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Scientists are trying to improve the sticky tape method of exfoliating graphene

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Posted March 1, 2018

Graphene is an incredible material – extremely good heat and electricity conductor and the strongest material on earth. Needless to say, it is very valuable in commercial setting, but it is also very hard to produce. One of the most famous methods to exfoliate graphene is the adhesive tape method developed by Nobel Prize winner Andre Geim, but how does it work?

It may be crude, but the adhesive tape method is still the most commonly used to produce graphene flakes. Image credit: Gabriel Hildebrand via Wikimedia

This method is rather simple. It works by pulling graphene layers apart, picking up one atom thick flakes that form this valuable material. Interestingly enough, no one really knows exactly how it works. Scientists from UCL conducted a research to see why a sticky tape is so effective in peeling off layers of graphene. It turns out, this method is 40 % more energy-efficient than another common method called shearing. The reason is that adhesive tape allows lifting off a layer of graphene, instead of pushing it to the side.

Another interesting thing about this method is that an actual sticky tape is used – polymethyl methacrylate adhesive on traditional sticky tape works perfectly for picking up the edge of the graphene sheet. Grapehen is a very strong material that occurs naturally. Its crystalline structure means that a sheet of graphene has a honeycomb pattern of atoms. It is very strong, yet light and transparent. However, bonds between the different layers of graphene are weak and they can slide on top of each other great distances because of their superlubricity (yet another amazing characteristic).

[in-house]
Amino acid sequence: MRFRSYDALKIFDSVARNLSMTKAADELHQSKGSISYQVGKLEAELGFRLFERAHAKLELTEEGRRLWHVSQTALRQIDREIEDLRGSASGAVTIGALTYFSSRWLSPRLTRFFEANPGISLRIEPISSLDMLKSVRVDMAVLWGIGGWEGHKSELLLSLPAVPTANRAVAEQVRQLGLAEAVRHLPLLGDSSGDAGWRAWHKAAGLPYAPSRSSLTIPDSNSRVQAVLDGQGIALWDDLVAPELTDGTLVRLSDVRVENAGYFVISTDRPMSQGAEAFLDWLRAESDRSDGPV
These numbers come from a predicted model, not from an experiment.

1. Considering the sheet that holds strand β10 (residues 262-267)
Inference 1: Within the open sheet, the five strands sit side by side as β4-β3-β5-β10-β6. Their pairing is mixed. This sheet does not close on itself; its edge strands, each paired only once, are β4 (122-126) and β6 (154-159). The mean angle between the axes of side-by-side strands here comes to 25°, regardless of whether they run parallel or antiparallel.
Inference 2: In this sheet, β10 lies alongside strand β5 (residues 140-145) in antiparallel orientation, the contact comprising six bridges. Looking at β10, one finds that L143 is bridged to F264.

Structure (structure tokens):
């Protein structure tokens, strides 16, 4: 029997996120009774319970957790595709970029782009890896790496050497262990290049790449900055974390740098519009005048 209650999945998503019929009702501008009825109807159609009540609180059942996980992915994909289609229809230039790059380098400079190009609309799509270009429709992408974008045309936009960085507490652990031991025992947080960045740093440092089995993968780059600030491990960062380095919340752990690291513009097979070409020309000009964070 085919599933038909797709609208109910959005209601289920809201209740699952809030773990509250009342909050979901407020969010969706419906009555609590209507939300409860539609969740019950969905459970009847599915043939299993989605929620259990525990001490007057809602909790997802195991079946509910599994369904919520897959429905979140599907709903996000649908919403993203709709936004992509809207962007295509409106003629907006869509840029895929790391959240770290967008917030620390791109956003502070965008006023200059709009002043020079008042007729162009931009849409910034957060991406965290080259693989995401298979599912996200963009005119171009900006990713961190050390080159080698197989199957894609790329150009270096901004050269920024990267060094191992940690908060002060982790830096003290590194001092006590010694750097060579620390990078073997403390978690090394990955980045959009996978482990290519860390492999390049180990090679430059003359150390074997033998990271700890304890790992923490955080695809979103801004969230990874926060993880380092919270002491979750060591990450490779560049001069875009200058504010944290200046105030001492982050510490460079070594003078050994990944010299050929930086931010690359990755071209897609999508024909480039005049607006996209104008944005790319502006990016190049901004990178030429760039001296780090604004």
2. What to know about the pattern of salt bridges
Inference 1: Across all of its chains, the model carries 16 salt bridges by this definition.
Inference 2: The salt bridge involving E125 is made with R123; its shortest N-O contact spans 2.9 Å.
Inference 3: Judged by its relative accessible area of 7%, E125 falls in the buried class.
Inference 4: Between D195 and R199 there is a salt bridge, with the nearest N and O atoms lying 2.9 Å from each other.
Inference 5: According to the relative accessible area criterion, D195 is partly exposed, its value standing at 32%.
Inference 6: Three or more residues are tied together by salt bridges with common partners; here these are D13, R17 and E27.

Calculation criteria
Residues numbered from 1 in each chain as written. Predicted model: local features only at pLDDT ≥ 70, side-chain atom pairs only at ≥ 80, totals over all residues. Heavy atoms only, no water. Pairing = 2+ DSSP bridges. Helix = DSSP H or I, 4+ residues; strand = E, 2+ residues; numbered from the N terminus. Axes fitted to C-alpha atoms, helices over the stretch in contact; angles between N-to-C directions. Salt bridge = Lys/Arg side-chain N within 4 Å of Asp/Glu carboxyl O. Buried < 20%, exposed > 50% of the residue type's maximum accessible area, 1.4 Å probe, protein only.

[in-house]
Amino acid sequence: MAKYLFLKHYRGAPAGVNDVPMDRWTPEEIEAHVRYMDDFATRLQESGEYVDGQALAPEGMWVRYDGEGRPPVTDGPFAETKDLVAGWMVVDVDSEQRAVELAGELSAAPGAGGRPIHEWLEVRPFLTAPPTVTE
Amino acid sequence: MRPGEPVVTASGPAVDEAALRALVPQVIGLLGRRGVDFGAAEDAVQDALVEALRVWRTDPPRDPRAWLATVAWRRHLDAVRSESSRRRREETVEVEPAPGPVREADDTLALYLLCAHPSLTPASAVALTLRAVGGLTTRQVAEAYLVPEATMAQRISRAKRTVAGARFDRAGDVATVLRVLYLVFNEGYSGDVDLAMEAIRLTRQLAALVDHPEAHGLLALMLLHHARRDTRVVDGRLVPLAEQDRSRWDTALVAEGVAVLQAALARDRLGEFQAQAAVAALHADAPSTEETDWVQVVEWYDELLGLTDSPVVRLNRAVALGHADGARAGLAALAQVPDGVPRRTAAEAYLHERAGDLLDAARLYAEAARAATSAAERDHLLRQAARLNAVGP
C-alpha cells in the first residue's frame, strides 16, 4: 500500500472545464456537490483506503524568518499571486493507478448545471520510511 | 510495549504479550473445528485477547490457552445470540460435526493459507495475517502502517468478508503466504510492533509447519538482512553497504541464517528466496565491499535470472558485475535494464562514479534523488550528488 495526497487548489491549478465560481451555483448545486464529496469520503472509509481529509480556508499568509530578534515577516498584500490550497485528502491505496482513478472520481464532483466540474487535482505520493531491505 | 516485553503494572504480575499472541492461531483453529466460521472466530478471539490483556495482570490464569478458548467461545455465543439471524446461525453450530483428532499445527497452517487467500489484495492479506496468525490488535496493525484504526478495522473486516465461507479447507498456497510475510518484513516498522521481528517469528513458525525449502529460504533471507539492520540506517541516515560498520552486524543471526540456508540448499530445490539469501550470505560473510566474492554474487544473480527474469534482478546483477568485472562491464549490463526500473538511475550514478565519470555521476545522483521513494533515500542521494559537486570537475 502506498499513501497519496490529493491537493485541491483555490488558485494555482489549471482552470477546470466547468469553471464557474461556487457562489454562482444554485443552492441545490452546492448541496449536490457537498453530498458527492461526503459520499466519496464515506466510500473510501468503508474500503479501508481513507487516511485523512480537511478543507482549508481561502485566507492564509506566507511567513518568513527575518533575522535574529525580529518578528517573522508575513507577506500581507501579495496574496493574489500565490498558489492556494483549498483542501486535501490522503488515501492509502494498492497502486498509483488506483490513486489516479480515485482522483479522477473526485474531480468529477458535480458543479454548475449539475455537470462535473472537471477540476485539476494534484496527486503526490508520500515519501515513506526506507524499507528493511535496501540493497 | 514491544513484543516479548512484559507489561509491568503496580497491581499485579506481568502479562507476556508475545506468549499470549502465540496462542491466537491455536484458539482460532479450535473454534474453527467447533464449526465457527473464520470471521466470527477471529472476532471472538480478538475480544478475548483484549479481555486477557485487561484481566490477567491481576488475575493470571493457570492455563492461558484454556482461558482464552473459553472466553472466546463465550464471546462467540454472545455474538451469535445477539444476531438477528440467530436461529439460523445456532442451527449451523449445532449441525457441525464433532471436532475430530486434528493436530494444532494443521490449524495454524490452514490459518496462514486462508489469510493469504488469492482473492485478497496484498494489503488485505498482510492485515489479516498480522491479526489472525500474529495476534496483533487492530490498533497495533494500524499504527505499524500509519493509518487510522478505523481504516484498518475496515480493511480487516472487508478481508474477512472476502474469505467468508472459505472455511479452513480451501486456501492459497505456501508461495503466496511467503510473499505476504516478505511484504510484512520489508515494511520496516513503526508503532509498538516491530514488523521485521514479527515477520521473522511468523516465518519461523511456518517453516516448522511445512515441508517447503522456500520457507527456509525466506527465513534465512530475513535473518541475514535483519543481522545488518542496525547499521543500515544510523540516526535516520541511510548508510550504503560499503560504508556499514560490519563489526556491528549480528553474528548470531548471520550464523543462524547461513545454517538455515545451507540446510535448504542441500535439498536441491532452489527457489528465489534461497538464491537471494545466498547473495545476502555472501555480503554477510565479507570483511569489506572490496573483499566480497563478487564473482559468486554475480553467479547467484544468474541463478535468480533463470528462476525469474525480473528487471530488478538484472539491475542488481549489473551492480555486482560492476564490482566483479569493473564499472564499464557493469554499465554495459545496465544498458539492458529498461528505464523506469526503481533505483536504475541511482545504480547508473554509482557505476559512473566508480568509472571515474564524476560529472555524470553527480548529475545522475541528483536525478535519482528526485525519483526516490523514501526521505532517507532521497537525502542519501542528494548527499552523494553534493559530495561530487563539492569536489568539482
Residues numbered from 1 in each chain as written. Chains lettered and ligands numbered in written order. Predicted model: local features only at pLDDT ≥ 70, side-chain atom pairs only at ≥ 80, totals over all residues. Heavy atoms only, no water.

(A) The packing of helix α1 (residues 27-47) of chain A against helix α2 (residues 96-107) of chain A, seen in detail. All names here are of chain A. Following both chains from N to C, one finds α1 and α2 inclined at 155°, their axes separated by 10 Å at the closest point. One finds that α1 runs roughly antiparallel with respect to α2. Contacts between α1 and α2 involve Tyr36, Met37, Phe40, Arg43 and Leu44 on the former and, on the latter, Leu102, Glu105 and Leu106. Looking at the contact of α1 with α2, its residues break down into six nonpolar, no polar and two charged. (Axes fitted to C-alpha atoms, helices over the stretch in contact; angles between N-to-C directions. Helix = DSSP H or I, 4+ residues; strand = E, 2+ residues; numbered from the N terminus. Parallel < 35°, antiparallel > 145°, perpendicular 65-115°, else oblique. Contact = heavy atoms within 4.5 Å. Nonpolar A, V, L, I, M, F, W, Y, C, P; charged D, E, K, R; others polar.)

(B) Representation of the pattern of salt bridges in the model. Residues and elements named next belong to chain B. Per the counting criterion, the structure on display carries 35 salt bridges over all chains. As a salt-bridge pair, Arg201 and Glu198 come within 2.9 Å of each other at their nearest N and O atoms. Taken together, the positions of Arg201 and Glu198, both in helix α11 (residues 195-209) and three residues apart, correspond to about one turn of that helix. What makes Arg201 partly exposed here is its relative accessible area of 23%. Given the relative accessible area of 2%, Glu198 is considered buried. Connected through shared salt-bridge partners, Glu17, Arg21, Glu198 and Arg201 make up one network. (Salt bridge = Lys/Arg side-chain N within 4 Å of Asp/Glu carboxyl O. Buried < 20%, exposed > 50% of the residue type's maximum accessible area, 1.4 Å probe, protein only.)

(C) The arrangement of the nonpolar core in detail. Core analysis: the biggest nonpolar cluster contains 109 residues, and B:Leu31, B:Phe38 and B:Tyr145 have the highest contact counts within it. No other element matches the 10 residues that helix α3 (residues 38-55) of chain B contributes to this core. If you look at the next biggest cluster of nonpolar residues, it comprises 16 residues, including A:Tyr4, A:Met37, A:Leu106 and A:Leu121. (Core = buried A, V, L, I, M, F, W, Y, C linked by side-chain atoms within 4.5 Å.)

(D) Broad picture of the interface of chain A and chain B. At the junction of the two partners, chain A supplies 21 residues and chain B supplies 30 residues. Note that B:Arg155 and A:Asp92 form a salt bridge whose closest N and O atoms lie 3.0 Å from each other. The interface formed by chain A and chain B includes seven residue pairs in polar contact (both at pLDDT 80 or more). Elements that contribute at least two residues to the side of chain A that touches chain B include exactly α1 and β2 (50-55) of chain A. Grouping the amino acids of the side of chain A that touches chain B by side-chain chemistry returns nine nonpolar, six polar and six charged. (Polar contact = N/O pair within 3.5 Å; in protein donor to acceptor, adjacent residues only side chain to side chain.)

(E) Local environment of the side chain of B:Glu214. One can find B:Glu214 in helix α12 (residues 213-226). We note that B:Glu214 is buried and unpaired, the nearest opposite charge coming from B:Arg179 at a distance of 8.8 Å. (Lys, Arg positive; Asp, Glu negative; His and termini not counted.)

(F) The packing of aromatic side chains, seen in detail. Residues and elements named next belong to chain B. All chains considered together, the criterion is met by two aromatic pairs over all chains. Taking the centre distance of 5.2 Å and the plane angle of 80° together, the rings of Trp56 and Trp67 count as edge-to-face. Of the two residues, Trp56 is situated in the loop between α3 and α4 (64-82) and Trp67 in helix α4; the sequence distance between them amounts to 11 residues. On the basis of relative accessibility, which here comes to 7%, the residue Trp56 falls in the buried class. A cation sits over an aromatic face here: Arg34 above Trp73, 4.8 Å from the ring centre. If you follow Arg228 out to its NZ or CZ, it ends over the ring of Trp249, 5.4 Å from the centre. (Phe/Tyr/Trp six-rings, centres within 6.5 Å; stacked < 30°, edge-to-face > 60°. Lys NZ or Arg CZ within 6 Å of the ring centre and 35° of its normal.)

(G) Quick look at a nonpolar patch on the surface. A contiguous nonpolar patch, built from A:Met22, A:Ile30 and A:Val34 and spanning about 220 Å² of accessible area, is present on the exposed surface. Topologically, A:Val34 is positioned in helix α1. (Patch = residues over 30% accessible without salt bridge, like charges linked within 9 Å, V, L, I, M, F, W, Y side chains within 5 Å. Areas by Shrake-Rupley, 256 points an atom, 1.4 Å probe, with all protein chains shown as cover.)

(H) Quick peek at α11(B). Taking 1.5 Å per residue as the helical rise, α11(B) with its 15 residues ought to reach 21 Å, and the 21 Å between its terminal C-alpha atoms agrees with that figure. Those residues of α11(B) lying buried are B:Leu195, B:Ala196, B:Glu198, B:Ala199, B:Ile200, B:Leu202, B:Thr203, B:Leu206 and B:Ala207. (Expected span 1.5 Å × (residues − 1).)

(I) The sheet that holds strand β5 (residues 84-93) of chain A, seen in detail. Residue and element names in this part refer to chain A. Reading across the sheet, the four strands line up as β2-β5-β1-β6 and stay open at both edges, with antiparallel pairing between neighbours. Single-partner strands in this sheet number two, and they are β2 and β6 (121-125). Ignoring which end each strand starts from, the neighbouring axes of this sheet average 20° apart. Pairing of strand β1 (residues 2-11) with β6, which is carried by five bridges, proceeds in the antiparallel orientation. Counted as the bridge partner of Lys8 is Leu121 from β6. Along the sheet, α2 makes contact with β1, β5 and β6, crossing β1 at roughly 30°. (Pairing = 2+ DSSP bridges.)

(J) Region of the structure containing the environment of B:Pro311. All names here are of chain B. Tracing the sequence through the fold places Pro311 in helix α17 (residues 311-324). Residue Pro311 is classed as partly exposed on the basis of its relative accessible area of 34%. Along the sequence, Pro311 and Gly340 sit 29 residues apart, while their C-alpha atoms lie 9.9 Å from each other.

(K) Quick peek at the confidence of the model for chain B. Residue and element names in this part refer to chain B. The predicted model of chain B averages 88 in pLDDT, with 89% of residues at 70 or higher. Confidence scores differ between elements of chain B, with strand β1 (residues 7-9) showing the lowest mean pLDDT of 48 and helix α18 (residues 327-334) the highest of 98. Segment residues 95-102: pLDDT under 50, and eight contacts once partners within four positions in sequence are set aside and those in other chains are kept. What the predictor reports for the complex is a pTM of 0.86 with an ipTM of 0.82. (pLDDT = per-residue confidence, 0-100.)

Scientists now used a special microscope with atomic resolution to see how graphene flakes move around on a graphite surface. Researchers noticed that when layers are neatly lined up, they don’t slide around so much. This is very important to know in order to make graphene manufacturing at least a little bit easier. Peter Coveney, one of the authors of the study, noted that despite how hi-tech graphene may be, eve “a dozen years after its discovery, companies have to apply sticky tape methods to pull it apart, as the Laureates did to uncover it; hardly a hi-tech and industrially simple process to implement. We’re now in a position to assist experimentalists to figure out how to prise it apart, or make it to order”.

Graphene will see a number of applications across the industry. It will be interesting to see what scientists will come up with, but for any kind of breakthrough better manufacturing methods need to be developed.

 

Source: UCL

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